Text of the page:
Category: Blog

Trip to Haiti to secure the Rig, Trip to Haiti to secure the water drilling rig

I’ve been to Haiti several times documenting life there and the hardships they live in every single day. I remember the very first time I went to La Gonave, the first thing I saw upon landing were scores of little kids running up to us, following us everywhere we went. The unique detail though was that they all had orange coloring in there hair, what I later realized was that is the evidence if severe malnutrition and starvation. Later I saw children eating dirt just to get something in their belly. Heart breaking. I would see children with small cuts turn into massive and life threatening infections due to lack of clean water and hospital care. No food, no water, no hope.

By my fourth trip there, we had drilled several water wells and had begun building a place for the locals to grow crops. We had built a hospital, added to our feeding stations and poured in tons of love and support. What I noticed now were children with solid colored hair. I wasn’t seeing the massive infections from small cuts anymore.
Proof that we had made a very tangible and lasting impact on this once hopeless island. We had taken a little slice of “Go YE into all the world” and have made real change here.

What I take from my time in Haiti is that we can’t just sit by when we have the ability to help. This is a very real example of the Good Samaritans story in our own lifetime. So many people saw this island as impossible to reach, or maybe it was just a little too much effort. Yet the man on the horse, saw a person broken, he got down and he cleaned him up. He carried the him to shelter and paid for care. That is exactly what we have done in Haiti. We saw a hurting people, we went to them with love, hope and help. We are drilling wells, building hospitals and schools, creating a new life filled with the Promises of God. All it takes are just a few to helping out a little to see massive change.

The first water drilling trip to Haiti 507

The summer of my 9th year on this earth my father took me to heaven.

Or Iowa.

Growing up in Northern Indiana basketball was always my favorite sport by birth. But deep down inside, I found my greatest joy and fulfillment in life when I was on the baseball diamond with a glove on my hand. I don’t remember how old I was the first time I watched Kevin Costner’s “Field of Dreams” but I’ll say it this way – I don’t remember life prior to that film. Back then my grandmother lived in Madison, Wisconsin – it wasn’t a long drive over to one of baseball’s holy grails: the cornfields of Dyersville, Iowa and Field of Dreams.I wore my team jersey and hat. Laced up my spikes and sprinted to the corn – so I could take the field like one of the ghosts of the game. I got to run the bases, take batting practice and even shag fly balls in left field as if I was Shoeless Joe Jackson himself. On that day, I wasn’t living out a childhood dream that passed me by in my youth, I was living it with my dad. My dad and I “had a catch” in baseball heaven.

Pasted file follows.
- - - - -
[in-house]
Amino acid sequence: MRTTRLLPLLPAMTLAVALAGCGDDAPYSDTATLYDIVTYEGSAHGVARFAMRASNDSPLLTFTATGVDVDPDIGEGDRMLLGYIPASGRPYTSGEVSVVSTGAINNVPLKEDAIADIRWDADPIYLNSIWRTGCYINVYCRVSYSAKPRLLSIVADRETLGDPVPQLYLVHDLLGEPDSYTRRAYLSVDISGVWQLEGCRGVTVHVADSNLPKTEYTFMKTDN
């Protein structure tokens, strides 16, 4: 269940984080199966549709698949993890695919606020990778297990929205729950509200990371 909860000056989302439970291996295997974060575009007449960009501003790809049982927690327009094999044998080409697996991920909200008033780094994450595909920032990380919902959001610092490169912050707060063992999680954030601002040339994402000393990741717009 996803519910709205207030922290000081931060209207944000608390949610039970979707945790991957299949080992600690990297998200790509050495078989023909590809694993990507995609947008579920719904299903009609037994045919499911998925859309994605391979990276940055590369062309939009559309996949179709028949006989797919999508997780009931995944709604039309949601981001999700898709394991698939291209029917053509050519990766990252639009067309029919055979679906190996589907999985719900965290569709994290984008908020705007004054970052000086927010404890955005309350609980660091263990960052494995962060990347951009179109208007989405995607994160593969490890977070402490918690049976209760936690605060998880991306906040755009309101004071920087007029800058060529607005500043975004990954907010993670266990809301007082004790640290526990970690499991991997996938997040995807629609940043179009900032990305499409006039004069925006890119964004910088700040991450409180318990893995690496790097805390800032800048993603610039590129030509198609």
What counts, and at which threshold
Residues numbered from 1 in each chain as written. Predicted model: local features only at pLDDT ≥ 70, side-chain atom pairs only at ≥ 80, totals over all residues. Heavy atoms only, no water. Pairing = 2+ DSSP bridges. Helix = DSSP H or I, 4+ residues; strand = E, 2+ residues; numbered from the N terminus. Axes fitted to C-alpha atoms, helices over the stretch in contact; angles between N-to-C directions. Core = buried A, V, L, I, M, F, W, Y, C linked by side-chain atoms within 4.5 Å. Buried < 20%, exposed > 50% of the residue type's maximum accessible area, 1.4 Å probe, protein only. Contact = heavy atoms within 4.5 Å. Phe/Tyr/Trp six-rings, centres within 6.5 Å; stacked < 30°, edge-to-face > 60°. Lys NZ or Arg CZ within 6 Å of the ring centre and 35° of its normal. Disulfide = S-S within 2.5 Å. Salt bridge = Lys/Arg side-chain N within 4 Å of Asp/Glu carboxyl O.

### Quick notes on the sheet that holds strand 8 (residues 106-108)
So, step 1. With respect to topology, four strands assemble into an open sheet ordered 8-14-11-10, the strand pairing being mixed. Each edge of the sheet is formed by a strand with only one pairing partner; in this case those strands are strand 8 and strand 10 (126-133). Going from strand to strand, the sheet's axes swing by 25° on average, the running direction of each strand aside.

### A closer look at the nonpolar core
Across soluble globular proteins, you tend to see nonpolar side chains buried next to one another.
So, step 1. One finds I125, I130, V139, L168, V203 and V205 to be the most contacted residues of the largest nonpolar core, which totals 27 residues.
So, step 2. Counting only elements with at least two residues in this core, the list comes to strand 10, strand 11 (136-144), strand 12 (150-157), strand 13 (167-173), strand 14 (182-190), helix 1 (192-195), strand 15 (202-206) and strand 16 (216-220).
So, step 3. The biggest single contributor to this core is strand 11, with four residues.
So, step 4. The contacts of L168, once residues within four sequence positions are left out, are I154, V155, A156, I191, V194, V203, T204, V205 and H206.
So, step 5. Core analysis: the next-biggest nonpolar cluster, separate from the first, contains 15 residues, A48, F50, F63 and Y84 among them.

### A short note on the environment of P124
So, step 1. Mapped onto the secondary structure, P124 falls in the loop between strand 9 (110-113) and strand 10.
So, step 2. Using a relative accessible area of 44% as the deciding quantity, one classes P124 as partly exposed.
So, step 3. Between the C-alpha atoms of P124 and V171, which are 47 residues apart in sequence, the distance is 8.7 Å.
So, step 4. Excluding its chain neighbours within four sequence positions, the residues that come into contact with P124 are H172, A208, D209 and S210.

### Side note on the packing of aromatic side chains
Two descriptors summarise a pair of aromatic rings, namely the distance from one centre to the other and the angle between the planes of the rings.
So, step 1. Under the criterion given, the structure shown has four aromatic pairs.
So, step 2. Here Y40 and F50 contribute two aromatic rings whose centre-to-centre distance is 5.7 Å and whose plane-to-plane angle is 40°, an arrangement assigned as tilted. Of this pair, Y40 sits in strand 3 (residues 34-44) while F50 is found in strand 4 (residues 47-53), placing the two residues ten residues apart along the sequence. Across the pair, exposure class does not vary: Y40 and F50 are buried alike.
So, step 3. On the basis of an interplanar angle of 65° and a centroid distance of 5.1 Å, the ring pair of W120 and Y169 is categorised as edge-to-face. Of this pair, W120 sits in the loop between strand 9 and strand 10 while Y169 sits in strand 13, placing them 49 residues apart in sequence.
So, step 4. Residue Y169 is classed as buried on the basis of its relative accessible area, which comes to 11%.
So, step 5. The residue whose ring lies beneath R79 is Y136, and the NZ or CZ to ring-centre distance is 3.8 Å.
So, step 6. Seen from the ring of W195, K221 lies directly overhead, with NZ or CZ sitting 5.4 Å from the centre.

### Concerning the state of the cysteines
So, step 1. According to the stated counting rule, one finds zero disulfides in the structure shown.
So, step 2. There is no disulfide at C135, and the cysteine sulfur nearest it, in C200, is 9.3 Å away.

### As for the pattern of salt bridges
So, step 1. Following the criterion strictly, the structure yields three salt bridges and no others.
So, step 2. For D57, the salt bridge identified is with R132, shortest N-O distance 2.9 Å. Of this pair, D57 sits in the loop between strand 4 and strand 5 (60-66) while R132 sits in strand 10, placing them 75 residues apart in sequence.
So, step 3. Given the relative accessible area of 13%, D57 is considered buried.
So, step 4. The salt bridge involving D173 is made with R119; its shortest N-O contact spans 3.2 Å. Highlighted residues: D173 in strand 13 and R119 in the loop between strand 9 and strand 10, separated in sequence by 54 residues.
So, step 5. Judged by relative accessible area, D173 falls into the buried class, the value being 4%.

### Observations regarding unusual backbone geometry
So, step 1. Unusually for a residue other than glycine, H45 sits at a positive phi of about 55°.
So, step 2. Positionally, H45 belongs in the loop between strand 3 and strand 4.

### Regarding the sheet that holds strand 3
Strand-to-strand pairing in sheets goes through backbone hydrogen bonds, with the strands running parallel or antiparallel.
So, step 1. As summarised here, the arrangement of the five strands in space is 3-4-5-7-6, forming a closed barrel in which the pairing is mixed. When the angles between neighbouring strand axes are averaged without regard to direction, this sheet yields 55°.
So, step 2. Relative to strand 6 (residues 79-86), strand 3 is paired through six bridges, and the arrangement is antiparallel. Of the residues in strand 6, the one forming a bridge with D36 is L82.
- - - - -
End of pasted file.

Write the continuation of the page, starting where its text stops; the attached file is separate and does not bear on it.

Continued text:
This last January I traveled to LaGonave, Haiti to help film and scout for this next seasons drilling expedition. Each time I land on the island my mind switches into a different mode. I become very focused, quiet and task-oriented. I force myself to this mental state for a few reasons: 1 – you never know what could go wrong and when – so it’s always best to slow things down and think through every step of what you’re doing to avoid any mis-steps. 2 – I’m on the island to do a job that will in turn make the greater job (drilling water wells) accomplishable by the drilling team. If I don’t do my job – their job becomes that much harder or impossible. I’ll write in more detail about this trip and my experiences later this year, but the thought that I want to share with you today came to me on our last day on the island. On this day we traveled to one of the many feeding stations we’ve established on the island. As I mounted my camera and began filming a group of small boys eating, I became very overwhelmed emotionally. This was my first trip to LaGonave since my son Easton was born. Easton is not much older than the boys I saw in front of me, naked, crying and hungry. No parents, no clothes and save the grace of God and the good people of Guts Church – they wouldn’t even have the one meal that they were eating on that day. I tabled my emotions, focused on my camera and filmed the feeding station.



Screenshot 2014-04-17 10.41.50As I laid my seat back on the plane ride home to Miami, I pulled out my headphones and iPad and pushed play. I fast forwarded to the first of my two favorite scenes: when Shoeless Joe Jackson emerges from the corn for the very first time and introduces himself to Ray Kinsella. As I watched my mind wandered back to that feeding station and the boys covered in dirt. They weren’t dirty because they wanted to be. They weren’t naked because they thought it would be funny to take of their clothes and diaper and run away from their dad, laughing and falling like my son Easton does every night before bedtime. They didn’t choose this life. No one would. Yet there they are and here I am. In that moment, on that plane, I made a connection between LaGonave and the truth of our national pastime. It’s not the sound that the ball makes when it hits the bat. It’s not the thrill of the grass or the smell of the ballpark in your nose. It’s fathers and sons. It’s about time honored tradition and playing the game (life) the right way. There’s honor in that.